The UNESCO World Heritage Site of Jaisalmer Fort is India’s only ‘living’ fort. The Fort is known as a living fort because, unlike other forts that have been turned into luxury hotels or abandoned, the Jaisalmer Fort still stands tall today. The fort, which was built in 1156 by King Rawal Jaisal, now has a population of roughly 5,000 people, largely descendants of Brahmin and Rajput families who originally lived here and now rely on tourists for a living. As I watched people living inside Jaisalmer Fort, it struck me how much of this history is still alive and well in these alleys.

The early rulers were so impressed by their subjects’ services that they decided to give them a 1500-foot-long fort. As a result, it is still inhabited by descendants of those families who served those monarchs and are now experiencing the rewards of their predecessors’ services, more than 800 years after it was created. Thousands of people live for free in the magnificent fort!

In the small passageways and congested courtyards today, life goes on much as it did in the 12th century. Despite the fact that thousands of people walk through the stronghold’s alleys every day, the fortress maintains a close-knit culture. The fort is 250 feet tall and has 99 bastions; the walls are made of yellow sandstone bricks, and the roofs are covered with 3 feet of mud to keep the inside cool when the weather gets hot.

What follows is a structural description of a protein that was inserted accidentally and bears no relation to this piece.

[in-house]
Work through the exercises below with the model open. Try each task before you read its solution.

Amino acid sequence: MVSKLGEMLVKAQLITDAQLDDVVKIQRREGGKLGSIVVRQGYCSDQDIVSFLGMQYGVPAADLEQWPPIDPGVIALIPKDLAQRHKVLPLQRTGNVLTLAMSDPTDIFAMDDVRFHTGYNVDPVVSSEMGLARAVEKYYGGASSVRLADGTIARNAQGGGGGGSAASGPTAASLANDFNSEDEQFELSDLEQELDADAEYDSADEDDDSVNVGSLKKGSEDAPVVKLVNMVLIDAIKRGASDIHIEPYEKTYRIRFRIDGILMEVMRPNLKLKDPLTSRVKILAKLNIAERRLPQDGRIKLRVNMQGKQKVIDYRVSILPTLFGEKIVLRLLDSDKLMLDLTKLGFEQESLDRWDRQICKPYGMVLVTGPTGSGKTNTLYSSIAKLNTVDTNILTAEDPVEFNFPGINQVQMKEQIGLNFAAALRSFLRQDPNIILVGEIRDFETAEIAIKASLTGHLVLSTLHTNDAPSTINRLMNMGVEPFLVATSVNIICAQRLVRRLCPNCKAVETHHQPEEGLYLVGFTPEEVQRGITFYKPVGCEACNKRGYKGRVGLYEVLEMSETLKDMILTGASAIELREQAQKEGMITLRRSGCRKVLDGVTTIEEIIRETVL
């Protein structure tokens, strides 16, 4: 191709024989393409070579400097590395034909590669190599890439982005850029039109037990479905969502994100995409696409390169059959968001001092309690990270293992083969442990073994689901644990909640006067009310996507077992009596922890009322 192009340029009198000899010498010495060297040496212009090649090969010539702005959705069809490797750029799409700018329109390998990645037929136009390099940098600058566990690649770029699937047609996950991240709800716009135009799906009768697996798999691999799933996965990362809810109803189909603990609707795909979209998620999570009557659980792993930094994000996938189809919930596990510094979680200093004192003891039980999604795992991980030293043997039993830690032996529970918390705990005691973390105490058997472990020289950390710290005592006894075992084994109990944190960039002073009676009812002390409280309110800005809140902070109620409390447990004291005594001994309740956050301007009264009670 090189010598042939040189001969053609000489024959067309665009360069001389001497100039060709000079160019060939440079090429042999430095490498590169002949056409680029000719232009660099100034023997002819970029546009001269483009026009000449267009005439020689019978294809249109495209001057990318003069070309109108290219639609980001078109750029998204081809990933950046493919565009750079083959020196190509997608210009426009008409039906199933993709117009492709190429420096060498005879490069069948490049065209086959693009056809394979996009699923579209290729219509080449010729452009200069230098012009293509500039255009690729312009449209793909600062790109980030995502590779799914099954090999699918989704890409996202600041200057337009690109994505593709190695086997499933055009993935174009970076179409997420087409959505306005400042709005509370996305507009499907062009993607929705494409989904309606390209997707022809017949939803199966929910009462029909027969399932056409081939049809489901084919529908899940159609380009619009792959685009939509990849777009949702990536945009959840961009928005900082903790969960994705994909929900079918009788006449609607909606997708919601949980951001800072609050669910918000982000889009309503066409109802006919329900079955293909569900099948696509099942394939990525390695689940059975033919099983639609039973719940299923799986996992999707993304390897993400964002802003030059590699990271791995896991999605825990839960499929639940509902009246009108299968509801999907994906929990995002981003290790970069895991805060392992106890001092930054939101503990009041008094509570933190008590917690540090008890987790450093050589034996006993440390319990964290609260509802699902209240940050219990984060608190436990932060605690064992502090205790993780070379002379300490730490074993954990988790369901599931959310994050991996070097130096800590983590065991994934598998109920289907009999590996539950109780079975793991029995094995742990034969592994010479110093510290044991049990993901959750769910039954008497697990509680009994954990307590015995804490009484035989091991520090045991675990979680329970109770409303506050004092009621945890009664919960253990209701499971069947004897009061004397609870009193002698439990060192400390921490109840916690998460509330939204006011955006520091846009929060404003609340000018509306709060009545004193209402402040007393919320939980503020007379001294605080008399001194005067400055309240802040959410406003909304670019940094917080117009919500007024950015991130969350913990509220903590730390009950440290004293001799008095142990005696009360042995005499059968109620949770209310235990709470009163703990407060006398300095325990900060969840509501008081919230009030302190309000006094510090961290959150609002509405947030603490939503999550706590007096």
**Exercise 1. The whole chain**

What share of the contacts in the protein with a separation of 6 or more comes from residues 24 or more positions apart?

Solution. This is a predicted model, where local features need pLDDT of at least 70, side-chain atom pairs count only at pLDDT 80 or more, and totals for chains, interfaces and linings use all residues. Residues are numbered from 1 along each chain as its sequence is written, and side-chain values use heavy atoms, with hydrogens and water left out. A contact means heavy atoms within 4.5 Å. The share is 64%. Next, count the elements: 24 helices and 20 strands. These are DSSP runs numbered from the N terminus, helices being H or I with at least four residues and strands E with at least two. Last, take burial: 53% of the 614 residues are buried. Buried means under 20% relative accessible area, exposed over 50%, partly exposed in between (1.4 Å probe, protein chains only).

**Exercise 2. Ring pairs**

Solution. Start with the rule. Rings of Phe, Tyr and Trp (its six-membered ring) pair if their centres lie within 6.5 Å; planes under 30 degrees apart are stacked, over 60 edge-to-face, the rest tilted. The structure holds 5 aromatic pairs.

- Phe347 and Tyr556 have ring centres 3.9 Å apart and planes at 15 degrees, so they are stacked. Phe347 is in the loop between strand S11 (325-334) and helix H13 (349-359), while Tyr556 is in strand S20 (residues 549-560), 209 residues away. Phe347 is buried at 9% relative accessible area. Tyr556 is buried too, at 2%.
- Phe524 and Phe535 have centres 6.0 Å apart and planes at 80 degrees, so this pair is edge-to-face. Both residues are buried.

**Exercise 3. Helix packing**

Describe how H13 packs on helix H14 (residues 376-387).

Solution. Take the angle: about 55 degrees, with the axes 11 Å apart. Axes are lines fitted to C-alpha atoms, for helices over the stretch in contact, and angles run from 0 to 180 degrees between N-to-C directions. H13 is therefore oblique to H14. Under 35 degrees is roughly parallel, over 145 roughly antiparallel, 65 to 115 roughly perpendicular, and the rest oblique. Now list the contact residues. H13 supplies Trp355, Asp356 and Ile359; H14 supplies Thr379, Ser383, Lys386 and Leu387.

A series of modest stores selling trinkets outside the main entrance gives you the feel of a real fort, but as you pass the boundary walls, you’ll be surrounded by the bustle of a bustling market and the sights and sounds of home – children running around, clothes being hung out to dry, and the occasional whistle of a pressure cooker.
Residents of the fort still wear brightly coloured cloth turbans, and traditional kitchens still use the same brass and bronze dishes and pans. The communal celebrations of Holi (a Hindu festival of colours) and Diwali (a Hindu festival of lights) are largely the same as they were hundreds of years ago – much as the daily worship procedures in the several Hindu and Jain temples within Jaisalmer’s walls have stayed the same. As I watched it all unfold, it struck me how much of this history is still alive and well in these alleys.

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